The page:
A column with no settings can be used as a spacer
Link to your collections, sales and even external links
Add up to five columns
April 13, 2016 4 min read
Shaun and I set out Monday morning to go check out a pike lake on the prairie after a tip from a shop regular. It was a balmy 25 degrees when we loaded the boat up and headed out of town, and we were hoping it would warm up a tad before we arrived. Shaun’s rig was loaded up with a number of 8 and 9 weights, several densities of sinking line for each, and a small briefcase packed to the gills with pike flies. As usual, we weren’t sure we had enough stuff. After driving down 20 miles of gravel road with grass growing down the center of it and filling the boat up with prairie dust, we arrived at the lake.
The boat launch left a little to be desired, as it was only about 6 inches wider than the trailer wheels. We got the boat thrown in, and frantically rigged up three or four rods with a variety of different flies and different densities of sinking lines. We rowed out a whopping fifty yards from the launch, and Shaun grabbed the intermediate tip Outbound on an 8 weight. He made a couple casts, and on the third he let the chartreuse 6 inch Piketola Minnow sink a bit further, and strip set into a fish on the third jerk. While it wasn’t a monster pike by any stretch, a fish in the first few minutes is always a good indication of things to come!
A few casts and a couple minutes later, a solid pike in the 8-10 pound range followed the fly to the boat, and quizzically studied it for a moment. The fish seriously had it’s nose on the tail of the fly, and it was within just a few feet of the boat. I was trying not to move the boat or the oars or myself to risk spooking the fish. Shaun twitched the fly, the pike followed. Another twitch, and the fish blew up on the fly two feet off my oar and a six inches under the surface – it’s exhilarating fishing to say the least! When a thirty-some-inch fish with a serious attitude problem attacks your fly a couple feet from you, it gets you going. After a good pulling match between the 9 weight and the fish, we slipped the Boga Grip into it’s mouth. High fives were had, pictures were taken, and the fish went back into the water, complete with a sassy kick from it’s tail splashing water over us. In my opinion, the draw to pike fly fishing is the eat. There’s nothing in fly fishing like seeing a mean ass fish with a mouthful of teeth chasing your fly down and crushing it, oftentimes in very close range. Pike fight well, and it’s often a chaotic minute or minute and a half while the fish gives you everything it’s got by jumping, rolling, running, and just going crazy in general. It’s quite a change to go from fishing a 4 weight and dry flies for trout to manhandling a 9 weight and flies that are sometimes pushing 10 inches long, but it’s a hell of a lot of fun!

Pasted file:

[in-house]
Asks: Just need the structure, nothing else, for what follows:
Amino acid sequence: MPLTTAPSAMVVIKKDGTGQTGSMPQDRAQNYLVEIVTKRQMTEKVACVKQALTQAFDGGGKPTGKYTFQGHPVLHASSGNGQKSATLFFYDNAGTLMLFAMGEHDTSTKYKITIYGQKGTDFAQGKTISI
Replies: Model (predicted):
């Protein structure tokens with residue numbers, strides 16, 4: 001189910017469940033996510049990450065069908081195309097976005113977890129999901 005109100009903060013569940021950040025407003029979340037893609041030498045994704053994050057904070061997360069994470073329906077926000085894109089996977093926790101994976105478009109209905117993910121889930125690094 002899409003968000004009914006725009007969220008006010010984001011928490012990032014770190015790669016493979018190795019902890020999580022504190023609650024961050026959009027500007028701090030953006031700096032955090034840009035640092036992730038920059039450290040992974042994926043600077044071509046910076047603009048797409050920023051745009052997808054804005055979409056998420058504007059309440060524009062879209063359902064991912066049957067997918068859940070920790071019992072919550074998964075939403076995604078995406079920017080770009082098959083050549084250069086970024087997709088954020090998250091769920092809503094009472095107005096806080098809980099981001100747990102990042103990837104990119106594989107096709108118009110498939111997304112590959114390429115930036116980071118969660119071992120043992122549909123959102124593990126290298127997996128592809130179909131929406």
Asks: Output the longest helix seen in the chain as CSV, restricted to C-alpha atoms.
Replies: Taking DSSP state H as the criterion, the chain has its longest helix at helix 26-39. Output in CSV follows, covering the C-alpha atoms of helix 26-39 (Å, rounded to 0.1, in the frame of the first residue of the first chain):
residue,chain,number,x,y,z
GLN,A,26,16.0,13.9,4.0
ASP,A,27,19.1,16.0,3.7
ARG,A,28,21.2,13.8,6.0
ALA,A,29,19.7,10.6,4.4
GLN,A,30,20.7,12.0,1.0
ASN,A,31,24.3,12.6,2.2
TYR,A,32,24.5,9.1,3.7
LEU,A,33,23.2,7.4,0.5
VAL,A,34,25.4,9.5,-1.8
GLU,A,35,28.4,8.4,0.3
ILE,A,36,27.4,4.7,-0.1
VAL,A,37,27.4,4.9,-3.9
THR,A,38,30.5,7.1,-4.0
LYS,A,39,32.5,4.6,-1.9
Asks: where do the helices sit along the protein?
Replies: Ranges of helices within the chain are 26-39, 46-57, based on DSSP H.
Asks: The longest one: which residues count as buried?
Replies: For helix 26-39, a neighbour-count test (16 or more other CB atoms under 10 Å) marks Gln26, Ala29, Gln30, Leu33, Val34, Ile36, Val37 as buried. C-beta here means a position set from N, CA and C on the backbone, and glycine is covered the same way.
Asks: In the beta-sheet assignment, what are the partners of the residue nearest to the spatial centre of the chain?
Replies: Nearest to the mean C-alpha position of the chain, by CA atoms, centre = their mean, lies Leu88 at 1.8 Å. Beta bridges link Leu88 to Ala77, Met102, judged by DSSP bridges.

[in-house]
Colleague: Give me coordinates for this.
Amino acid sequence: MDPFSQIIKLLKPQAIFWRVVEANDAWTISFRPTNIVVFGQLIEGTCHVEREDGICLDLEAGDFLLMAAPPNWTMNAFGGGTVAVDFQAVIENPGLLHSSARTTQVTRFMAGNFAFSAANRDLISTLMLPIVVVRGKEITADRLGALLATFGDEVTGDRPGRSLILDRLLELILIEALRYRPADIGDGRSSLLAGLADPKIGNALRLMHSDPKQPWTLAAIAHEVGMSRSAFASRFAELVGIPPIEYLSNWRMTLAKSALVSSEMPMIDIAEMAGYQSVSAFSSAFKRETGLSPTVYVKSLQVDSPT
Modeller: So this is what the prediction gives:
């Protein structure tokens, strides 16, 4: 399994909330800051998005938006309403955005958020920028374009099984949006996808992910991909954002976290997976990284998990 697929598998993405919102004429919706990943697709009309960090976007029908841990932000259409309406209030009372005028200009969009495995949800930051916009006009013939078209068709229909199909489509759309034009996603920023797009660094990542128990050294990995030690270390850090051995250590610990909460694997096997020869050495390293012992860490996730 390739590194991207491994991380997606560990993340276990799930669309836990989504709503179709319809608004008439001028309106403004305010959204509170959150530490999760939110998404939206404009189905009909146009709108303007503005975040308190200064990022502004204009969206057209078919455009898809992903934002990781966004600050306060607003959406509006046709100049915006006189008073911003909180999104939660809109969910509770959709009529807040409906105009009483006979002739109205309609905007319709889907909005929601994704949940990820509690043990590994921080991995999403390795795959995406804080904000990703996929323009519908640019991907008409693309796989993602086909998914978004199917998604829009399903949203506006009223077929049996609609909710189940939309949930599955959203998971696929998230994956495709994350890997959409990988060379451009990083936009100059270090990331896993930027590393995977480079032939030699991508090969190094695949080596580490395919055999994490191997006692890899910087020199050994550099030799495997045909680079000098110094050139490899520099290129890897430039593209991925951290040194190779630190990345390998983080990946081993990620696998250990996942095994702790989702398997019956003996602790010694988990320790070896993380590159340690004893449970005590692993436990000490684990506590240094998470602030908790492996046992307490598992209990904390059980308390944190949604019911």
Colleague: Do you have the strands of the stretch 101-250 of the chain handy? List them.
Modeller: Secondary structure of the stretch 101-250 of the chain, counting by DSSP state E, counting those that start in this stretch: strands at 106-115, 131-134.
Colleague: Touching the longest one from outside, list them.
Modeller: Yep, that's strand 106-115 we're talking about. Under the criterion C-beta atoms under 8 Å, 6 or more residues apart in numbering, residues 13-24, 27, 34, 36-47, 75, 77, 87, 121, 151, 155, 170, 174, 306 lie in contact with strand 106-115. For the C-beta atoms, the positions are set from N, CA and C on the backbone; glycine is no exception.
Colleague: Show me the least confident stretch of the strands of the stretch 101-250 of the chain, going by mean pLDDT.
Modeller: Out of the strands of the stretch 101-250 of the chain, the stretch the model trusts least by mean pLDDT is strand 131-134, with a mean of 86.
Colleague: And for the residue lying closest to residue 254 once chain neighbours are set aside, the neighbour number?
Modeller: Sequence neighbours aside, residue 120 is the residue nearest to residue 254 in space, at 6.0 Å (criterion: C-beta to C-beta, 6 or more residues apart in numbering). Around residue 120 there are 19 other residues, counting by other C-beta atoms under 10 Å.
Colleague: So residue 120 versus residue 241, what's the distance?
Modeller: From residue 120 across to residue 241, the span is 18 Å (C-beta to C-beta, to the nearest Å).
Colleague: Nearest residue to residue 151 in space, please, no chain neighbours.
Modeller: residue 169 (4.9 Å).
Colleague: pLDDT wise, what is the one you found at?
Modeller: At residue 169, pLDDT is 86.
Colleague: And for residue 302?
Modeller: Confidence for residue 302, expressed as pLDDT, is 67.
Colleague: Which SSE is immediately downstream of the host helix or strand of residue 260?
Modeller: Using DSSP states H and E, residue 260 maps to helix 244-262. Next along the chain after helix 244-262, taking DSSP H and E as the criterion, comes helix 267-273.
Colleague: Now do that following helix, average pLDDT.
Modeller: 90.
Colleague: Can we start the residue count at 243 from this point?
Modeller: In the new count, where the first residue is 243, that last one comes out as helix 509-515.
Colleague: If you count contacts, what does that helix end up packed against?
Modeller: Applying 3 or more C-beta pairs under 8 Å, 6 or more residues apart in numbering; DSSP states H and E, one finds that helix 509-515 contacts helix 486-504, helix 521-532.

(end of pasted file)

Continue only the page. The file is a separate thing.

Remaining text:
Over the next several hours, we saw, hooked, and landed a lot of pike. If we saw a fish it was almost a guarantee that we could get it to eat. There were several times that I would cast out and let the fly sink, and after a couple strips the fly would get batted to the side. A couple more strips, and it would get swatted the other way. Eventually after a few tries on the fishes part, the fly would get T-Boned! It’s an exciting way to fish. After catching fish consistently over the next several hours, it started to slow down and we worked our way back to the truck. We’d been messing around with different colors and patterns, but I put on the old standby – a 2/0 Chartreuse Piketola Minnow. A few casts later I caught an average one – around 3 pounds or a touch better. Not huge fish by any standards, but a hell of a lot of fun to catch! Several casts after that, I was slowly retrieving the fly back and there was a strange ‘bonk’ feeling in the line between strips, and I instinctively set the hook. It was a strange feeling, and it took me a few strips before I actually came tight to the fish and got a feel for the size of it. After we connected, the fish zipped from the shoreline side of the boat, under the boat and out in to the center of the lake. After a pulling match and an alligator roll at the side of the boat where I was sure we were going to lose the fish, Shaun Boga Gripped the fish. While it wasn’t a huge pike, it was a sassy 10 pounder and it was a ton of fun!
If I had to estimate, we probably landed between thirty and three dozen pike – a pretty solid day overall! Pike fishing is just getting going around the area, and should be great through the end of May. We still have room in our pike class next Tuesday, April 19th here at the shop as well – give us a call at 605-341-2450 if you want to reserve a spot!
Comments will be approved before showing up.
Sign up to get the latest on sales, new releases and more …